Forget year-round sunshine and shrimps on the barbie. It’s the Australian pensions system that many in our industry have looked to with envy.
For the last 25 years, under the compulsory superannuation model, employers ‘Down Under’ have been forced to pay a significant contribution into a “super”, or retirement fund, for their workers. It now holds huge assets and is the largest defined contribution system in the world per capita.
In the UK, pensions savings have extended to millions more people in the last few years thanks to auto-enrolment, but as a nation we’re still a way behind Australia. As we move towards potential consolidation of master trusts as a result of The Pension Regulator’s (TPR) authorisation process and many single employer trusts are looking to move to a select group of larger master trusts, it’s worth asking what we can learn from Australia’s extra years of experience.
Watershed moment – big is beautiful
Master trust authorisation is at a critical point. Applications have been submitted to The Pensions Regulator and industry predictions suggest the result will be a small number of big players managing workplace pension schemes in the future.
The ultimate aim is for auto-enrolment to evolve into a more stable and effective system of retirement saving. So although we’re taking a different approach we’re heading in a similar “big is beautiful” direction to the multi-trillion dollar Australian pensions system where AUS $2 trillion of assets are managed by around 225 funds.
Play catch-up but don’t play with fire
We’re still a few steps behind so it’s a good opportunity to take stock. One thing is clear to me – we must learn useful lessons from Australia and avoid pitfalls. My colleague Gregg McClymont has previously analysed the issues and lessons around various scandals which hit the industry. Read his thoughts here.
I agree that the shocking headlines about greed and misconduct by banks and other commercial providers should serve as both a warning and an opportunity. At the heart of this is the question over proprietary/for-profit compared with not-for-profit – something I discussed with colleagues and financial advisers at a recent event we, The People’s Pension, organised.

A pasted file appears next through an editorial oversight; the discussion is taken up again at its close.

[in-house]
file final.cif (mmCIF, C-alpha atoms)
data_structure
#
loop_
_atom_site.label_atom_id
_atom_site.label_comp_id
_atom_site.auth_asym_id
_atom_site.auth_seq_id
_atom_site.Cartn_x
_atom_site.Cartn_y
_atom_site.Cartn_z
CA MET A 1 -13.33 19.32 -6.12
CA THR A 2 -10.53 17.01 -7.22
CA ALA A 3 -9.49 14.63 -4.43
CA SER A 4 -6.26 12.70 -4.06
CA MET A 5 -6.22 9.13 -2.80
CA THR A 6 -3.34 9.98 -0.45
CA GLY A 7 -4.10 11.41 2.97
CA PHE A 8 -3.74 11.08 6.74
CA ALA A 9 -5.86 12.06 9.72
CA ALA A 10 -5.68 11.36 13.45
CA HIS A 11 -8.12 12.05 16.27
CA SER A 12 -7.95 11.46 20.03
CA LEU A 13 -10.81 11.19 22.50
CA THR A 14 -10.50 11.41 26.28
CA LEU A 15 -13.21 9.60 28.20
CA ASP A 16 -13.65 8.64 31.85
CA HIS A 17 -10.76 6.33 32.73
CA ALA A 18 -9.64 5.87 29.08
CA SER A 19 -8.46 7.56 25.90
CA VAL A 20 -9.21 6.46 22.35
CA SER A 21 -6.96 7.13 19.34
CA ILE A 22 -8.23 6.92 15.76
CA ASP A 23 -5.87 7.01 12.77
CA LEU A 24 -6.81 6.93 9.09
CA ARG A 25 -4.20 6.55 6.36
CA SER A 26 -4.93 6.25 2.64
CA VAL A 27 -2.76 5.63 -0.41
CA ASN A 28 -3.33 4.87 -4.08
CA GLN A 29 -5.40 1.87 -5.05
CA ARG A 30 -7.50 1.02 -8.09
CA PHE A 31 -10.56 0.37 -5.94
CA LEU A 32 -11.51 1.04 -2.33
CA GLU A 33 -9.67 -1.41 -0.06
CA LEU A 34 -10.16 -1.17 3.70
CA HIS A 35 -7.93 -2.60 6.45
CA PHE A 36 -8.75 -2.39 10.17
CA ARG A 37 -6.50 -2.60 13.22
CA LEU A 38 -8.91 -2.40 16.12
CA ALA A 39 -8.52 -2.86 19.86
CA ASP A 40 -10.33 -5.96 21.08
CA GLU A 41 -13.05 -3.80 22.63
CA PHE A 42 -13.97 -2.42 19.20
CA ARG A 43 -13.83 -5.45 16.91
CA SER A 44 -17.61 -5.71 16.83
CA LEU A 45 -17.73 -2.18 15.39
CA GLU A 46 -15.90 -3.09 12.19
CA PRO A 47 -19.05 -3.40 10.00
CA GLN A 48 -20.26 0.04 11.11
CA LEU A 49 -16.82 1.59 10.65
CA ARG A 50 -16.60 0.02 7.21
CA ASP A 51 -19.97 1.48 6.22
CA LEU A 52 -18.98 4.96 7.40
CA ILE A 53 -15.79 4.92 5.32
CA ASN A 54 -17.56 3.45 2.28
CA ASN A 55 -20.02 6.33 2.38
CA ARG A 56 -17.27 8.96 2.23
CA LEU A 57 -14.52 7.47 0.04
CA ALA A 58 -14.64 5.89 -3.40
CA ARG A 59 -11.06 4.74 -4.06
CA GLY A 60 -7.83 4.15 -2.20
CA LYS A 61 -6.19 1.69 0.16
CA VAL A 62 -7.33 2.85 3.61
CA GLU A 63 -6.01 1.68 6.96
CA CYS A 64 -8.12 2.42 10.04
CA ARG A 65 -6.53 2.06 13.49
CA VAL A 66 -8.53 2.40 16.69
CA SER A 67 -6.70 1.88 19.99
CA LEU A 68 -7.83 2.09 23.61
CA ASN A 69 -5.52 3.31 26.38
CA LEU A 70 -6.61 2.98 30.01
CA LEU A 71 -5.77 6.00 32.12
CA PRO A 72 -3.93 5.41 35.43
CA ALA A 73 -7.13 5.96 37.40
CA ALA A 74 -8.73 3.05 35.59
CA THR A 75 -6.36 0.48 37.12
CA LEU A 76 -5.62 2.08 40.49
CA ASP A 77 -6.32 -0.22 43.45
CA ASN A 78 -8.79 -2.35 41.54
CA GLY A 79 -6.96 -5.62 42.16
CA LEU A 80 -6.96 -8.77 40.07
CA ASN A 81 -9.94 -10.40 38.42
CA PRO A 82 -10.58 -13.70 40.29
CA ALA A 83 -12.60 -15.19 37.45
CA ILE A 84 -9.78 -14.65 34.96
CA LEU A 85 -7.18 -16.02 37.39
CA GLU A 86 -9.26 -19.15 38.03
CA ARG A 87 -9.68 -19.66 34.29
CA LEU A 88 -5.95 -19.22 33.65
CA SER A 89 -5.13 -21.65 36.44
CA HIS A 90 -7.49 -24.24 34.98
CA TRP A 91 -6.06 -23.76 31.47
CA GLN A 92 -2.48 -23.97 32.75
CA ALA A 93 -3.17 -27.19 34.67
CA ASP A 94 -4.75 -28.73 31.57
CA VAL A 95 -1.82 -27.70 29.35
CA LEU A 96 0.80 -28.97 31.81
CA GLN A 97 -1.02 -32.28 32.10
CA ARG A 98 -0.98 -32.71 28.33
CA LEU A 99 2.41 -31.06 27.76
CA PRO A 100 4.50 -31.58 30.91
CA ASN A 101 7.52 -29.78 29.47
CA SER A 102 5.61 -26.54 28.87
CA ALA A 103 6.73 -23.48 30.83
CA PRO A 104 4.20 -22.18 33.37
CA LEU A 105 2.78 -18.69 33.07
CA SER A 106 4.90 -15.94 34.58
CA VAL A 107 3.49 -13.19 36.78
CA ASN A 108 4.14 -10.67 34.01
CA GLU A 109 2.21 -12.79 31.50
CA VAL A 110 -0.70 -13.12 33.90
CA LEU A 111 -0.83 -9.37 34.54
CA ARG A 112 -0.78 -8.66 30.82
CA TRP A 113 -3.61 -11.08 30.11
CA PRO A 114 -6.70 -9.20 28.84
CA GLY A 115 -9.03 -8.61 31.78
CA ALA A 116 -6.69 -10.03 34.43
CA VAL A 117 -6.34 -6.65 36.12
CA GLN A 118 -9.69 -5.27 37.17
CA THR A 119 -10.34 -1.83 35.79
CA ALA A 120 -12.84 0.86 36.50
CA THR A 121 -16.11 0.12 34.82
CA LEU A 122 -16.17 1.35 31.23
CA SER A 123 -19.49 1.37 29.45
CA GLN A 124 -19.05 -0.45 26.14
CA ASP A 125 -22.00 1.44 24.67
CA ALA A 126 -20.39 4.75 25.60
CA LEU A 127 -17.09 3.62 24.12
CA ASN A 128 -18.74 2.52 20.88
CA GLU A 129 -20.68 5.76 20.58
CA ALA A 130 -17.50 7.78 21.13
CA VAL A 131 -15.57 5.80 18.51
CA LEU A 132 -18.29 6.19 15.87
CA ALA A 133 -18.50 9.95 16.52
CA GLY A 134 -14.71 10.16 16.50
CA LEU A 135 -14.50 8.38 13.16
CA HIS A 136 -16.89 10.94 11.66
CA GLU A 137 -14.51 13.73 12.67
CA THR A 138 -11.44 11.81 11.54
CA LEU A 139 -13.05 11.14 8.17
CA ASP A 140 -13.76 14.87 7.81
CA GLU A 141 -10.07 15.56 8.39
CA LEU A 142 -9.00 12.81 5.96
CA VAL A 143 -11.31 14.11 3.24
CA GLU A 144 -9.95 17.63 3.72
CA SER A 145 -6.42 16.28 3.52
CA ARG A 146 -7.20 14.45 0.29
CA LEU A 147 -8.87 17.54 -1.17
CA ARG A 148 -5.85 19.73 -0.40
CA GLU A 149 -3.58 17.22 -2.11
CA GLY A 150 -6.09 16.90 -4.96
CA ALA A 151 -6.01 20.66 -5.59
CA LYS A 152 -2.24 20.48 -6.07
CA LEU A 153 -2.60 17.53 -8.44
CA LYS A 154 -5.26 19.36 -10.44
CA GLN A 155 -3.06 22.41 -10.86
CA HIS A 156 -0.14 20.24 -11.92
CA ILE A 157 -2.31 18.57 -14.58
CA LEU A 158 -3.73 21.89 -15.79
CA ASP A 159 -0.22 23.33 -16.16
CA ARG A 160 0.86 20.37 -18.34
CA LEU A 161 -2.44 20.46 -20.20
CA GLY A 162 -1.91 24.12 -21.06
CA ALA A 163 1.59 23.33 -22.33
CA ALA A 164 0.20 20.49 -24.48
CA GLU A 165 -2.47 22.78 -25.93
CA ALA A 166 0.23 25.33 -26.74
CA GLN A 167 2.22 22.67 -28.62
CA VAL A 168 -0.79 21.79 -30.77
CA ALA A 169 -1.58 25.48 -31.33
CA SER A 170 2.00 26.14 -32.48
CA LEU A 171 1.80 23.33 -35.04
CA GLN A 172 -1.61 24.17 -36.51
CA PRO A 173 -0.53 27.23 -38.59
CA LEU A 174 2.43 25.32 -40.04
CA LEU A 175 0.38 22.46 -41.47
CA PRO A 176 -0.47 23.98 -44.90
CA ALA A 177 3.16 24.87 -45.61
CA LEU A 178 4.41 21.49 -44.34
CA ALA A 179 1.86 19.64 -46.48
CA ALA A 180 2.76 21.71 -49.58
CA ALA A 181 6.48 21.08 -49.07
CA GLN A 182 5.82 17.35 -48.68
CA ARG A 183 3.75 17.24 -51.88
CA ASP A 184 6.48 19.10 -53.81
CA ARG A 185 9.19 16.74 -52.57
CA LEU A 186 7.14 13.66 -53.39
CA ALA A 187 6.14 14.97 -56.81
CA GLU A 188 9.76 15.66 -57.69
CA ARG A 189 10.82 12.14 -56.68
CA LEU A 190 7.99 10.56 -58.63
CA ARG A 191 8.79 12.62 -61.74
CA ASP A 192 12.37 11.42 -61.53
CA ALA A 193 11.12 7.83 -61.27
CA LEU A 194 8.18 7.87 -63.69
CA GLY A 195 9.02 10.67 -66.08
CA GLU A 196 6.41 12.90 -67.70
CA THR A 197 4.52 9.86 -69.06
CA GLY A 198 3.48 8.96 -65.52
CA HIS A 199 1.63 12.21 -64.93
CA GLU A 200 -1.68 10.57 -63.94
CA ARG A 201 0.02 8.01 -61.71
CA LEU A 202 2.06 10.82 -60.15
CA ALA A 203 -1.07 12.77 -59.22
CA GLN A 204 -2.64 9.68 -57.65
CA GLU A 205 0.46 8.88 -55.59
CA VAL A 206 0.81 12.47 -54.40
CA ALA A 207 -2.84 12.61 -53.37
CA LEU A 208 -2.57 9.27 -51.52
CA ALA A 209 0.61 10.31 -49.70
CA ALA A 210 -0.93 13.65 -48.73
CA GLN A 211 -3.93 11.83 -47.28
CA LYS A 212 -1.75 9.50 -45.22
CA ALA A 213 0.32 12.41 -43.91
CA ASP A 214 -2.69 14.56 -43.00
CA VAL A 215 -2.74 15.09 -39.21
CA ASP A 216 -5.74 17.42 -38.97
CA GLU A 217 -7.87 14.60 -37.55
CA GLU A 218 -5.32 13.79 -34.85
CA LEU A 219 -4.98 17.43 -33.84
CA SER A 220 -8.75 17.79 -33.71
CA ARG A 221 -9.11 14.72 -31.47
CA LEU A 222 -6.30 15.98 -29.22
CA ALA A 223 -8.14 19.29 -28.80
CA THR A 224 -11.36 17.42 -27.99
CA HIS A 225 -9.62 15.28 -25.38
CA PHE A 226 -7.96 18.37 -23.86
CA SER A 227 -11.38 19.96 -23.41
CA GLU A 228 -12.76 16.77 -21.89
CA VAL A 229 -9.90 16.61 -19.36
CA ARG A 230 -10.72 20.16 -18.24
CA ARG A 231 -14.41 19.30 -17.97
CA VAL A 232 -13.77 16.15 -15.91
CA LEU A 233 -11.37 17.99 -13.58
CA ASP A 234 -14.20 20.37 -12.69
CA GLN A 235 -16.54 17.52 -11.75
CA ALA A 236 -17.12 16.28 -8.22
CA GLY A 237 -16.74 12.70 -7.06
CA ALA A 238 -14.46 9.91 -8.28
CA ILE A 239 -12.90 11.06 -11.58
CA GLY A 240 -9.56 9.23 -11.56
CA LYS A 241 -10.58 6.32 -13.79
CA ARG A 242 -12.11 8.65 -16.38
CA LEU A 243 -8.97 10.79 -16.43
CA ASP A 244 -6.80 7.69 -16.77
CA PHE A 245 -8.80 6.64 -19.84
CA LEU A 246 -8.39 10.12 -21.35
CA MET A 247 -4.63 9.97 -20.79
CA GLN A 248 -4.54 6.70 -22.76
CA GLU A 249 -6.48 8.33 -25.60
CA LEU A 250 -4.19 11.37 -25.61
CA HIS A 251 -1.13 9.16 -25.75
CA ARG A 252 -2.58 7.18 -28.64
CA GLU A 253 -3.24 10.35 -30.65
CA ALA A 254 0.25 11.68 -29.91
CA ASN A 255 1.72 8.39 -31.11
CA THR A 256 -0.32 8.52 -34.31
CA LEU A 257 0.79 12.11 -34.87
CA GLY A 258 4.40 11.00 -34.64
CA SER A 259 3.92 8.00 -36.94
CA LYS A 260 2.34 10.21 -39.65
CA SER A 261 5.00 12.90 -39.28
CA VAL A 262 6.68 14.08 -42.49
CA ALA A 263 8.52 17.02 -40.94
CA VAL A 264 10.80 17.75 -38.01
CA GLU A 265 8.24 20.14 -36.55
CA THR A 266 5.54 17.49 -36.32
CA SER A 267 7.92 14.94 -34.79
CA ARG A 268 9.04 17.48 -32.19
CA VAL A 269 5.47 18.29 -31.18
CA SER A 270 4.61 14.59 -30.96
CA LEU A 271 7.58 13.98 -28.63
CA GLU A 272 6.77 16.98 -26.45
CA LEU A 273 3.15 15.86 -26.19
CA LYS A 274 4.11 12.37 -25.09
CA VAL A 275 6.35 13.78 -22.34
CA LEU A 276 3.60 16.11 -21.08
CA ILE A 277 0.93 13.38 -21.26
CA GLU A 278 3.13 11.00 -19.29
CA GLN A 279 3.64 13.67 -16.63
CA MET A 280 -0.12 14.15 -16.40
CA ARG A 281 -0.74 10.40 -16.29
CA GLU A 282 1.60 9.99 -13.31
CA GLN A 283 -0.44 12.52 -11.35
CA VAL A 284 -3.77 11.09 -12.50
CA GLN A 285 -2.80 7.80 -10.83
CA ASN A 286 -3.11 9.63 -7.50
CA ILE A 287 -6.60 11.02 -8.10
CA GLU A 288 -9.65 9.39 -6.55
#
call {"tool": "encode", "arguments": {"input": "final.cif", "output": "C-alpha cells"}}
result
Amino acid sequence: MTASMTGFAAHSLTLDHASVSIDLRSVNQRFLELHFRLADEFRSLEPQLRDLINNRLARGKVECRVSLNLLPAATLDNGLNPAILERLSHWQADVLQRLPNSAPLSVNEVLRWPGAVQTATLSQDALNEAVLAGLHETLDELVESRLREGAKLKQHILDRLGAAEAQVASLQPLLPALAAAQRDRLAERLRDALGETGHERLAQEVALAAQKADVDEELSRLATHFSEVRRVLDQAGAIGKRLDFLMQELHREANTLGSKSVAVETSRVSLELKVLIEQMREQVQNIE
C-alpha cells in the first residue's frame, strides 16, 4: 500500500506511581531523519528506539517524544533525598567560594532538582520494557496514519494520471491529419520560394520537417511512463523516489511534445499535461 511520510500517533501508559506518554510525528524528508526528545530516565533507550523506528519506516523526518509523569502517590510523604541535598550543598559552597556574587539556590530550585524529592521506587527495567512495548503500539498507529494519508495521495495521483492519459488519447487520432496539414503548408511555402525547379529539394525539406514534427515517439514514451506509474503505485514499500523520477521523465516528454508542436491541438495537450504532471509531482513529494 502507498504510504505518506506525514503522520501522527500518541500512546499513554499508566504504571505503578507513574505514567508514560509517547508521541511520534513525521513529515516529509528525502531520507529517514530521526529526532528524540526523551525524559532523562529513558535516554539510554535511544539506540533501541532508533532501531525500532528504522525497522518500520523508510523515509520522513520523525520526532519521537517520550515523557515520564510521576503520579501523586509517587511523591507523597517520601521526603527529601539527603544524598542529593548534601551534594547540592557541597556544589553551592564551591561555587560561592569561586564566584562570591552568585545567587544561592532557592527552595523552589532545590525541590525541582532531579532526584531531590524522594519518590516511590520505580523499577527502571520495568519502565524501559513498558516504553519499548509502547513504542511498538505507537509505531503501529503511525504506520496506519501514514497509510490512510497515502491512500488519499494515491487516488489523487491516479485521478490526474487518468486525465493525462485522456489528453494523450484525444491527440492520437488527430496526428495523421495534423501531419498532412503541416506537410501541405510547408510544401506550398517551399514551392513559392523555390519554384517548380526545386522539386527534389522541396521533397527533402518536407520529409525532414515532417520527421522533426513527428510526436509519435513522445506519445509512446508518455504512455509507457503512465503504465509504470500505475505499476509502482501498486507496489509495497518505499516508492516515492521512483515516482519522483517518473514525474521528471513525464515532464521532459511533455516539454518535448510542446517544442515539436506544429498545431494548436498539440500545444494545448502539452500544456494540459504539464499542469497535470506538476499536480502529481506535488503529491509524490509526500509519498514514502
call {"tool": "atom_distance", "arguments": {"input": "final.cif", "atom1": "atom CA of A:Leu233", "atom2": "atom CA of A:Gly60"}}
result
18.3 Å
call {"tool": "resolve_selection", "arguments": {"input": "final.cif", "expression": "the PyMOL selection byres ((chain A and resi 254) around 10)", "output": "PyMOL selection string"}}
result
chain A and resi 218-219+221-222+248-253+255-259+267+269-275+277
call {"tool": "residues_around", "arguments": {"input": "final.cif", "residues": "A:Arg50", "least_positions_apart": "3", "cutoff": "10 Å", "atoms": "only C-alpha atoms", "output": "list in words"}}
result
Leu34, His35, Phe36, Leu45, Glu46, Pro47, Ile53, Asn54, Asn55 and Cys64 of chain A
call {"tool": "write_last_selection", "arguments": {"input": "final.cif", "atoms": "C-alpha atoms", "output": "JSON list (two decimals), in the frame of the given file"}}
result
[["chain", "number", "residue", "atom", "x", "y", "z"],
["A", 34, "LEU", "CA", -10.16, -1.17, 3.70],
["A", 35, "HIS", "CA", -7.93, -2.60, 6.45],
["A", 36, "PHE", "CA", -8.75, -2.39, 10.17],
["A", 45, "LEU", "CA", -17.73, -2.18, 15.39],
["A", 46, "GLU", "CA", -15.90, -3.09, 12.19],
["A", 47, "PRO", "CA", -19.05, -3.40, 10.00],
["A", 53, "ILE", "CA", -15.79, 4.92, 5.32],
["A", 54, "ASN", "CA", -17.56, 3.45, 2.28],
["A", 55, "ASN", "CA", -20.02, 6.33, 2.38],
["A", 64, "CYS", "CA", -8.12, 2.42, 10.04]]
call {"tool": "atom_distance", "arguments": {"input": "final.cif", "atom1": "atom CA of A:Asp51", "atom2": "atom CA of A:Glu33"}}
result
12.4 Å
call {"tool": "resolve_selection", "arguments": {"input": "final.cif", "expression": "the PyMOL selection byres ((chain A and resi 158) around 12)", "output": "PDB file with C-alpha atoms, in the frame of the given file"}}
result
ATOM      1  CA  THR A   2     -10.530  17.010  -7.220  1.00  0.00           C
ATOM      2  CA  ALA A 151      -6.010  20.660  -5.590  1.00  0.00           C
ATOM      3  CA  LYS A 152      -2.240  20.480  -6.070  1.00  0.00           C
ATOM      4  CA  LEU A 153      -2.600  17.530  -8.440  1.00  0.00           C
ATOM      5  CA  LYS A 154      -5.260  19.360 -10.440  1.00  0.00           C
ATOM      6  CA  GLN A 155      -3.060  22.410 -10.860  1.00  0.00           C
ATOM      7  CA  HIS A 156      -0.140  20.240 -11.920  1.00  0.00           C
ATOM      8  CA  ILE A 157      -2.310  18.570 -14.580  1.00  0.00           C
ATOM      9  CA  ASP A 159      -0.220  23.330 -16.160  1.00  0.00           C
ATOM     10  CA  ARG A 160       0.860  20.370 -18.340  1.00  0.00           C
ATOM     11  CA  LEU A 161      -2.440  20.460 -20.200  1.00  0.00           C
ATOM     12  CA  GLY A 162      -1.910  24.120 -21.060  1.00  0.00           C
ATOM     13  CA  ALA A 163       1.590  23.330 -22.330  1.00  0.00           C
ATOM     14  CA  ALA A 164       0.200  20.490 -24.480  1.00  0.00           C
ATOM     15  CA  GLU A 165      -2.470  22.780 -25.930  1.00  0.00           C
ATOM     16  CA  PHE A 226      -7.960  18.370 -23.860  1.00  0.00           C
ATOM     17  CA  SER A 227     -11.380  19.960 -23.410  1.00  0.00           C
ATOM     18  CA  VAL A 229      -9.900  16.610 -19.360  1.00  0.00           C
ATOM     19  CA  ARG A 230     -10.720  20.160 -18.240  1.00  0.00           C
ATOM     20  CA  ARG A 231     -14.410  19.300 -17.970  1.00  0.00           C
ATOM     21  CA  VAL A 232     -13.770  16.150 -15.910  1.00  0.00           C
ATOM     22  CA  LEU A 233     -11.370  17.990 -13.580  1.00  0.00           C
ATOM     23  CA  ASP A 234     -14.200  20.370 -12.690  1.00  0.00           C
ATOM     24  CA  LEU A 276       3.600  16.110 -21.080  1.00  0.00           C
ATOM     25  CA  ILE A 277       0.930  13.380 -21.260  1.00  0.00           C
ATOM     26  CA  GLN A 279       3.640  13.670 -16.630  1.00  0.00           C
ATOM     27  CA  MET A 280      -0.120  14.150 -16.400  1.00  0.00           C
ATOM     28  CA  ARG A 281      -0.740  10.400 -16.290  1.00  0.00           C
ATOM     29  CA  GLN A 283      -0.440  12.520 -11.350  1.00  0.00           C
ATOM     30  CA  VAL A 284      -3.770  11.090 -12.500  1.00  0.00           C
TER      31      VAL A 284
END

To profit or not-for-profit?
In Australia, the numbers stack up in favour of not-for-profit funds which make up the top 10 performing pension funds across short and long time periods. Even before official enquiries were launched into banking and superannuation, people could see the long-term financial benefits of not-for-profit – or profit-for-member as they are often referred to in Australia.
The “profit-for-member” terminology resonates well for me, coming from an organisation which has a firm commitment to putting people ahead of profit. The People’s Pension has no shareholders to answer to so we can genuinely ensure that any profits are ploughed back into improving value and service for our customers. Our Charitable Trust also gives back to society and individuals as part of our mission. I’m proud of all this from a moral standpoint but I also believe it’s a good approach for the industry – and retirement planning – in the UK as a whole.
Where does this leave us?
At The People’s Pension we’re fortunate (as are our 4m members) as one of the largest master trust workplace pensions in the UK that we can provide stability and experience in the pensions landscape. We should build on the consolidation process of master trust authorisation and champion the value we can offer people through a long-term, “profit-for-member” approach to pensions.
Anyone focusing on chasing short-term returns or making bad decisions in the interests of sponsors rather than members should take heed of the Australian lessons. If we can all do that, then hopefully big really will be beautiful for British pensioners.
Glenn Dobson is a former National Development Team Manager at B&CE, provider of The People’s Pension. He has been replaced by Phil Taylor.
This article was written when we were B&CE, before we changed our name to People’s Partnership in November 2022.